Pound4poundireland’s 2014 Fight, Knockout, Round, Prospect, Upset and Trainer of the Year

Fight of the Year

1. Tommy Coyle-Daniel Brizuela


2. Travis Dickinson-Matty Clarkson


3. Terence Crawford-Yuriorkis Gamboa


Knockout of the Year

1. Andy Lee ko5 John Jackson


2. Marvin Sonsona ko3 Akifumi Shimoda


3. Felix Verdejo ko1 Lauro Alcantar


Round of the Year

1. Travis Dickinson-Matty Clarkson Round 5

2. Isaac Real-Emanuele Della Rosa Round 2

3. Koki Eto-Ardin Diale Round 8


Prospect of the Year

1. Felix Verdejo

2. Errol Spence

3. Oleksandr Usyk

Upset of the Year

1. Tommy Karpency SD10 Chad Dawson

2. Rogelio Medina ko3 J’Leon Love

3. Chris Algieri SD12 Ruslan Provodnikov


Trainer of the Year

John David Jackson – for his work with Sergey Kovalev

Pound4poundireland’s 2013 Awards for Fight, Knockout, Round, Prospect, Upset and Trainer of the Year

Fight of the Year

1. Timothy Bradley-Ruslan Provodnikov


2. Mike Alvarado-Brandon Rios II


3. Omar Figueroa-Nihito Arakawa


Knockout of the Year

1. Javier Fortuna ko1 Miguel Zamudio


2. Deontay Wilder ko1 Siarhei Liakhovich


3. James Chereji ko2 Belmin Skomorac


Round of the Year

1. Timothy Bradley-Ruslan Provodnikov Round 2

2. Denkaosan Kaovichit-Eiji Tsutsumi Round 10


3. Darren Barker-Daniel Geale Round 6


Prospect of the Year

1. Vasyl Lomachenko

2. Jessie Magdaleno

3. Naoya Inoue

Upset of the Year

1. Simpiwe Vetyeka rtd6 Chris John


2. Fahlan Sakkereerin Jr. ko3 Ryo Miyazaki

3. Jhonny Gonzalez ko1 Abner Mares


Trainer of the Year

Angel Garcia – for his work with Danny Garcia

Teddy Atlas gives his post-fight analysis of Bradley-Provodnikov

Atlas: Every time that a fighter gets in a tough fight…here is the reality people, so maybe they will understand it. And that’s why I’m passionate and so strong and so thick-headed when I go after these people in boxing that rob fighters, these promoters that rob fighters, and the commissions that allow it to happen.

These policies that are not in place to have structure to look out for the fighters, that’s why I am such a pain in the neck for you fans out there that hear me screaming all of the time when I see something done wrong to a fighter because they only have so many fights. Every time they get in the ring, unlike the judges who sit at ringside with nothing but a pencil in their hand, they are not being dissipated by the fight. They are not being worn down. They don’t have something taken out of their physicality.

Every time a fighter gets in that ring, they come out of that ring after a tough fight with less than they went in there with. That is a fact. That is a fact and that’s why I take it very seriously when people rob these fighters and when we have no structure to protect these fighters and the system is not in place to do those things. It’s just like Frazier and Ali in Manila…I know they were older. I know they were dissipated already, I understand all of that, but there was a lot of them left in Manila.

And there was some of Bradley…I can’t tell you how much, but there was some of Bradley and some of Provodnikov left in that ring after that fight the other night, and they will not get it back. Once it’s gone, it’s gone. Bradley, to me…what bothered me…and I love Bradley, his heart, the way he goes about preparing himself, the way he doesn’t talk all kinds of crap; he just behaves like a fighter and acts like a fighter, he talks like a fighter and represents himself like a fighter. He acts like a champion. But I was concerned with the way he got affected.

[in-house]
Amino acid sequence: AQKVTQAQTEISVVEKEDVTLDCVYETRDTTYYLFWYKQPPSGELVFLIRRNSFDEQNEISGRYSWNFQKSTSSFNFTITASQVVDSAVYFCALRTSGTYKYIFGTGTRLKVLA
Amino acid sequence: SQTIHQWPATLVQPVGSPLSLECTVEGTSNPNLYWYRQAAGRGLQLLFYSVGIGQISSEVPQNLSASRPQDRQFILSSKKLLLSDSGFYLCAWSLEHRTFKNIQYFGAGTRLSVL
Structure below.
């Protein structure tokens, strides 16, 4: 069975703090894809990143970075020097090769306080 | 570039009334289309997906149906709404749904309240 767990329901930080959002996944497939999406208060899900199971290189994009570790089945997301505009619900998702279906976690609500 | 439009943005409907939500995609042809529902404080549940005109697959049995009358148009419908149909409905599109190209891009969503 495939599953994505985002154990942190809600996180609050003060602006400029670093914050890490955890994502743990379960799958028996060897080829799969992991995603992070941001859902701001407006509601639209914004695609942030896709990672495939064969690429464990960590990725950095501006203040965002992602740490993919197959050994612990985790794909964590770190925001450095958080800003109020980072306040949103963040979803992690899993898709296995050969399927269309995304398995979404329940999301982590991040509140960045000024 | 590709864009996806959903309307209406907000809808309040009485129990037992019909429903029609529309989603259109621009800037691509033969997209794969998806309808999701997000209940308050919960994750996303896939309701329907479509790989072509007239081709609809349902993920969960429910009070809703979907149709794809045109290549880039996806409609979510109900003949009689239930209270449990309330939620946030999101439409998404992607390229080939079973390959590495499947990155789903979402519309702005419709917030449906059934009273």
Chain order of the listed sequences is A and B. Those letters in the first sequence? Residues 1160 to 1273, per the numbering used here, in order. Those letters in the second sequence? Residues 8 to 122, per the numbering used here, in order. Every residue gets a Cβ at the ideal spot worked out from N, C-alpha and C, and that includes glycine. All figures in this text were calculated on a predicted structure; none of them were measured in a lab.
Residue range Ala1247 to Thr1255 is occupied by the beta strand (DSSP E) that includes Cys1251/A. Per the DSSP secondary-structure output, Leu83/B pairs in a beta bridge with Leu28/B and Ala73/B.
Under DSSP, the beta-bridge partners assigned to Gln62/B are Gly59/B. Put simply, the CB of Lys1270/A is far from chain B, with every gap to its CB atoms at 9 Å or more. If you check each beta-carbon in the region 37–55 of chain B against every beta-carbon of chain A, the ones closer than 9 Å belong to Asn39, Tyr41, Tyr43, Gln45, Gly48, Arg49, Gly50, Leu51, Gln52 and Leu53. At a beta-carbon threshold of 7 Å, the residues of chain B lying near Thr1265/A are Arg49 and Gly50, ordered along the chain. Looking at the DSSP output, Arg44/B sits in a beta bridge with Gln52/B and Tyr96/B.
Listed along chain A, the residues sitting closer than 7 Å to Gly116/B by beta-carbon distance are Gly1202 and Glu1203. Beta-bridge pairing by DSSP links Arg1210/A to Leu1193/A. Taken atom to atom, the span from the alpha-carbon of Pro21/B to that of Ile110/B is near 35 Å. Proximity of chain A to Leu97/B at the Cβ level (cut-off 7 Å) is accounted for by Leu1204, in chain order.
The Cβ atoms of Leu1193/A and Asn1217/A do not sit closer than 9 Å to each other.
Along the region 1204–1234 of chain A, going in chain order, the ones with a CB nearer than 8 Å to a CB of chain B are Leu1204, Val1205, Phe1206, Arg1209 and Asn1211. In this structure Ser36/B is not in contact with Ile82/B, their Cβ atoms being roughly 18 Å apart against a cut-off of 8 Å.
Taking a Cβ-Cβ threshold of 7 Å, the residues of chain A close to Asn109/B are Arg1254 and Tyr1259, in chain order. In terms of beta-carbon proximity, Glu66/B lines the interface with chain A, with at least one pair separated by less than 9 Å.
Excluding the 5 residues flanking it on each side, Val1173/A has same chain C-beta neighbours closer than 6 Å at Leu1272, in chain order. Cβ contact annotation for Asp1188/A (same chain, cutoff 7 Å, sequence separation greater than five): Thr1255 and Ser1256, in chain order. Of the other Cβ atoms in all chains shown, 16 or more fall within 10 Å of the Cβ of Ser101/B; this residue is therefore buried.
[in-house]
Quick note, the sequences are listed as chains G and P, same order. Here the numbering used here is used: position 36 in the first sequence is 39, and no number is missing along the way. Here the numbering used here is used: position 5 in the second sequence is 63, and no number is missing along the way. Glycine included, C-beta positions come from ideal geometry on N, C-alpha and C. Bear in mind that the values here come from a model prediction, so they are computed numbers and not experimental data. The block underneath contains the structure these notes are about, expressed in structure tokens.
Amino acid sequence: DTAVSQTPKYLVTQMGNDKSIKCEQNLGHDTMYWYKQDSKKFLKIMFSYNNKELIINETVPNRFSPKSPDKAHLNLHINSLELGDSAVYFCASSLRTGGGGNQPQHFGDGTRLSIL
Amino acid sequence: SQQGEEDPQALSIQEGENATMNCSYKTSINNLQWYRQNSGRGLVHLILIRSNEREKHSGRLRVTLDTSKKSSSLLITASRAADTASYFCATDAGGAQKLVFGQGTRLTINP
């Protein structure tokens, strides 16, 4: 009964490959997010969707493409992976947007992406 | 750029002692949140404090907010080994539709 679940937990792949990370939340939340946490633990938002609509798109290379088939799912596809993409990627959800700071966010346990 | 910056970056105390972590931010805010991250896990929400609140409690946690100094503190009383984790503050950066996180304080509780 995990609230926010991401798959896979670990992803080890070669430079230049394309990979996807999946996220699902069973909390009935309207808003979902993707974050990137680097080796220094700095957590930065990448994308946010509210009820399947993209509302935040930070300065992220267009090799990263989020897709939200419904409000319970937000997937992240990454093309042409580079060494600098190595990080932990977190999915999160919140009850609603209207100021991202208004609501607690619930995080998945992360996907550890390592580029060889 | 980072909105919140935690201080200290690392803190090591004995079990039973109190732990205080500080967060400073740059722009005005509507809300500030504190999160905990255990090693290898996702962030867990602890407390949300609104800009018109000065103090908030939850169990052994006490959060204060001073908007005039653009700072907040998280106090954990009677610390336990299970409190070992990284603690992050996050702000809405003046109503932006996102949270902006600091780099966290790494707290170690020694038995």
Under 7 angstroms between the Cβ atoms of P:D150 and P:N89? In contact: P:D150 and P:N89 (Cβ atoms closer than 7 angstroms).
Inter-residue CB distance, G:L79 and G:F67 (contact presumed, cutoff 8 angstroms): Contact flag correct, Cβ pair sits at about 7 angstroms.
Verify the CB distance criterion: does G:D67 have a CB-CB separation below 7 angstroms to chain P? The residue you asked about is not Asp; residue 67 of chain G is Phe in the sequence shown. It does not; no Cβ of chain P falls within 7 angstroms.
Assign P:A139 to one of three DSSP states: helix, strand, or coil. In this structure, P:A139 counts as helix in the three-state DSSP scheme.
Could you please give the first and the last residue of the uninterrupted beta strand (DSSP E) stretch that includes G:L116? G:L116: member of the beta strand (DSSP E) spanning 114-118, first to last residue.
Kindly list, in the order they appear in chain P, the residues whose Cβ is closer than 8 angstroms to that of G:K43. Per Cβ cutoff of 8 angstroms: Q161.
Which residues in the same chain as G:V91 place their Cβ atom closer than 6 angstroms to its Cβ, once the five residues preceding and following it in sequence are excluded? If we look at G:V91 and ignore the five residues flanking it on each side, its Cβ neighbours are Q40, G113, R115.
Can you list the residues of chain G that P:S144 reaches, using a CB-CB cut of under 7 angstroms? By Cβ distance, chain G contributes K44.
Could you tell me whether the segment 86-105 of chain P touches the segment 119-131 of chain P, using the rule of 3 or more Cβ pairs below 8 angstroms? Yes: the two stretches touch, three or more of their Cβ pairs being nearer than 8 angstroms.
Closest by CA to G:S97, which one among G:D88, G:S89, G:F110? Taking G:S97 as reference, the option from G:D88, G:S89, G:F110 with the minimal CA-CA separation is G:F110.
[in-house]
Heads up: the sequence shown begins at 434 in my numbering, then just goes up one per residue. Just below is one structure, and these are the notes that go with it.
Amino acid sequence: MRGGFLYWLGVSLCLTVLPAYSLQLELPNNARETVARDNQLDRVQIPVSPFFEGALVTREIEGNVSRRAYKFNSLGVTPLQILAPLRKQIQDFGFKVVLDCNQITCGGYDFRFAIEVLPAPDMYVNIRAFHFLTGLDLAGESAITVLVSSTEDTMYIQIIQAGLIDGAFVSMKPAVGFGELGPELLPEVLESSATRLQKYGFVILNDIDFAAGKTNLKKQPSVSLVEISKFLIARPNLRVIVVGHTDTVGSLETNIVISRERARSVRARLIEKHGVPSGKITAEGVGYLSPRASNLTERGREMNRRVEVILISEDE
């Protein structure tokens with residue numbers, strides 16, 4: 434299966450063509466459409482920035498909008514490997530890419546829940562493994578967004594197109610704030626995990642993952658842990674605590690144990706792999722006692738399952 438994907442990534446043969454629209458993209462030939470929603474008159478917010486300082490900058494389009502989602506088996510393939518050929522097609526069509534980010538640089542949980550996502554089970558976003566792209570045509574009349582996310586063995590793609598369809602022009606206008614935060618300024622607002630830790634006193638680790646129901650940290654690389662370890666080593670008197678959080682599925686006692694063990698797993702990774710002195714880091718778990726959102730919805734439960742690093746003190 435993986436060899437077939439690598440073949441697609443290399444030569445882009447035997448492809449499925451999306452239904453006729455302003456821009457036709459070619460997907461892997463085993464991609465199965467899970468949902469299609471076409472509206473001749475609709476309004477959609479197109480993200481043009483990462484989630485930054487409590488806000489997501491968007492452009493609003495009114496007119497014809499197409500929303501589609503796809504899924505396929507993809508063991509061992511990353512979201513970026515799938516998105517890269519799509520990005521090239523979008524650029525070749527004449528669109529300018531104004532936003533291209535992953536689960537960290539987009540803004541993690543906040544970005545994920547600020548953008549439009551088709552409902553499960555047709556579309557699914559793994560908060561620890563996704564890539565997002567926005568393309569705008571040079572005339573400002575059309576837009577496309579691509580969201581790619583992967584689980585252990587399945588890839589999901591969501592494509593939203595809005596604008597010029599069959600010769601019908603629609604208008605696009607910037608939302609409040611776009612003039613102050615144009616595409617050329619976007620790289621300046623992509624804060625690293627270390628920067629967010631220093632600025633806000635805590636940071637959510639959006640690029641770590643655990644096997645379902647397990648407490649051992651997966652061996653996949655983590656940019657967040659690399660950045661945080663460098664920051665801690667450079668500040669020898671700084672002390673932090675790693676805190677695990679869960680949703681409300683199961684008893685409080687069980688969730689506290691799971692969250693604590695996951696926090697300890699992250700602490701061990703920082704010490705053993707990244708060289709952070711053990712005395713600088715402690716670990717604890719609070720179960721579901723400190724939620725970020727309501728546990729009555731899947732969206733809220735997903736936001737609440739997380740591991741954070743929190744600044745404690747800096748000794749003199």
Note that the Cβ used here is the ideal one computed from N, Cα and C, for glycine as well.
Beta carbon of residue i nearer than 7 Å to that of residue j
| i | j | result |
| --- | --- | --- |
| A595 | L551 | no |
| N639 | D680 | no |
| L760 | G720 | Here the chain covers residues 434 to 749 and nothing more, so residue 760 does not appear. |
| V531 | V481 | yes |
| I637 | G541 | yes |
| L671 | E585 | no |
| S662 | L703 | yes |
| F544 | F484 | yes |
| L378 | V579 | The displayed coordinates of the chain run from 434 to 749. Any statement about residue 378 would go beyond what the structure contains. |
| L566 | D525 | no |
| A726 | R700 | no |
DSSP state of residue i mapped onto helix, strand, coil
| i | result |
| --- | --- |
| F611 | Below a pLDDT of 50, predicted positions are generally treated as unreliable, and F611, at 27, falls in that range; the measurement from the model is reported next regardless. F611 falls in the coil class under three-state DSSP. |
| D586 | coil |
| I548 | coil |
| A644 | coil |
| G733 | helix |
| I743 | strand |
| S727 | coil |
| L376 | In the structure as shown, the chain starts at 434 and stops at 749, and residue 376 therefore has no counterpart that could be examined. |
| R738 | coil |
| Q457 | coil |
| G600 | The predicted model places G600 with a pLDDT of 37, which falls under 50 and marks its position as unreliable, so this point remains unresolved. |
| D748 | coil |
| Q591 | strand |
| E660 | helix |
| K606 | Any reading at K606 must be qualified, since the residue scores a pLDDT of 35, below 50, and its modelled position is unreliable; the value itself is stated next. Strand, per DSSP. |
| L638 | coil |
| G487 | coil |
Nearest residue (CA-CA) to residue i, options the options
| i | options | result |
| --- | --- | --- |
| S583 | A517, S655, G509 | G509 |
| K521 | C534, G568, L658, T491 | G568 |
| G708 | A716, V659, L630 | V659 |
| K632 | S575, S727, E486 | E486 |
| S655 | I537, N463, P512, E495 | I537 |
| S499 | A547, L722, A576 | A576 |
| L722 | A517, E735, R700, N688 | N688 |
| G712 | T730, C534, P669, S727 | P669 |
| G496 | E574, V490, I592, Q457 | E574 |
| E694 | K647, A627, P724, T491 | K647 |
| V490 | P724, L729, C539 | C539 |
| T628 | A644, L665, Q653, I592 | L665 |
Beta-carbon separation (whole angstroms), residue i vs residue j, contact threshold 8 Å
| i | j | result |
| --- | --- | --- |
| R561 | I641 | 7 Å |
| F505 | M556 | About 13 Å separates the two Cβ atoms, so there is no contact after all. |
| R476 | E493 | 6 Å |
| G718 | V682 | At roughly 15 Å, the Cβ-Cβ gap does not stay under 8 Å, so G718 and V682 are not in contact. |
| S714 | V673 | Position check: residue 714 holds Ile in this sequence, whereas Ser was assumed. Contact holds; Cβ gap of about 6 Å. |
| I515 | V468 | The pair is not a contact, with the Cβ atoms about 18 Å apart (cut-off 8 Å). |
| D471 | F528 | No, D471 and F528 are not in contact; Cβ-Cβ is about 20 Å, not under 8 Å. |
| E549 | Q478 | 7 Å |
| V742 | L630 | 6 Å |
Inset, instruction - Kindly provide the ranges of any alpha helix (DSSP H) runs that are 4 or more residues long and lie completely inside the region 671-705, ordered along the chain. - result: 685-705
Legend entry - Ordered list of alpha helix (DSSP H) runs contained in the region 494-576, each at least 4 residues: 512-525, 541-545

I know Provodnikov. He has fought 6, 7, or 8 times, I don’t know how many times on ESPN. I’ve seen him on his way up. I’ve seen him through all of the developing stages of his career up front and up close on air, and he is not that kind of puncher. He is a decent puncher; he goes to the body and he’s a tough son of a gun. I think he is a strong puncher, but my goodness, he looked like George Foreman. He looked like a wrecking ball the other night. Part of it is he caught him clean…I get it, but I’m concerned about how much of a part of it is something else. Is part of it some of the wear and tear during his career from amateur to pro? Or is part of it…see, I look at everything. Or is part of it the weight that he took off. I understand that he was heavy, the heaviest of his career, and he had to take off 30 to 40 pounds. I don’t know what the exact number was, but I know he had to take a significant amount of weight off in camp, so that concerns me, because when I saw him touched, when I saw him hit with those punches, I saw Bradley affected in a bigger way than I have ever seen him affected.

I seen him get off of the floor against Kendall Holt and hurt at times in other fights and he got up or shook it off and behaved like a champion, but I have never seen him affected and shaken the way he was against Provodnikov. And again, he made Provodnikov look like Joe Frazier and George Foreman all in one. And he is not that kind of puncher, so it concerns me. I’m in the business where you need to have answers. You can’t just say, “Okay, let’s go on to the next stage.” No! You need to have answers if you care about this stuff and if you want the fighters properly looked out for. So one of the questions I ask is why was he so shaken up every time he got hit? Every time he got caught from the first round to the 12th round, he got badly hurt, and I’m just concerned as to why that was happening to the degree that it was happening.

It was very apparent, very clear, and obvious that he was hurt in every round. Every time that he got caught, he was hurt. It was the kind of fight that you never felt comfortable that he would get through the fight because anytime he would get caught, there was a chance that he would get affected and affected very badly once again.

Fight Video – Timothy Bradley v Ruslan Provodnikov (Fight of the Year Candidate)



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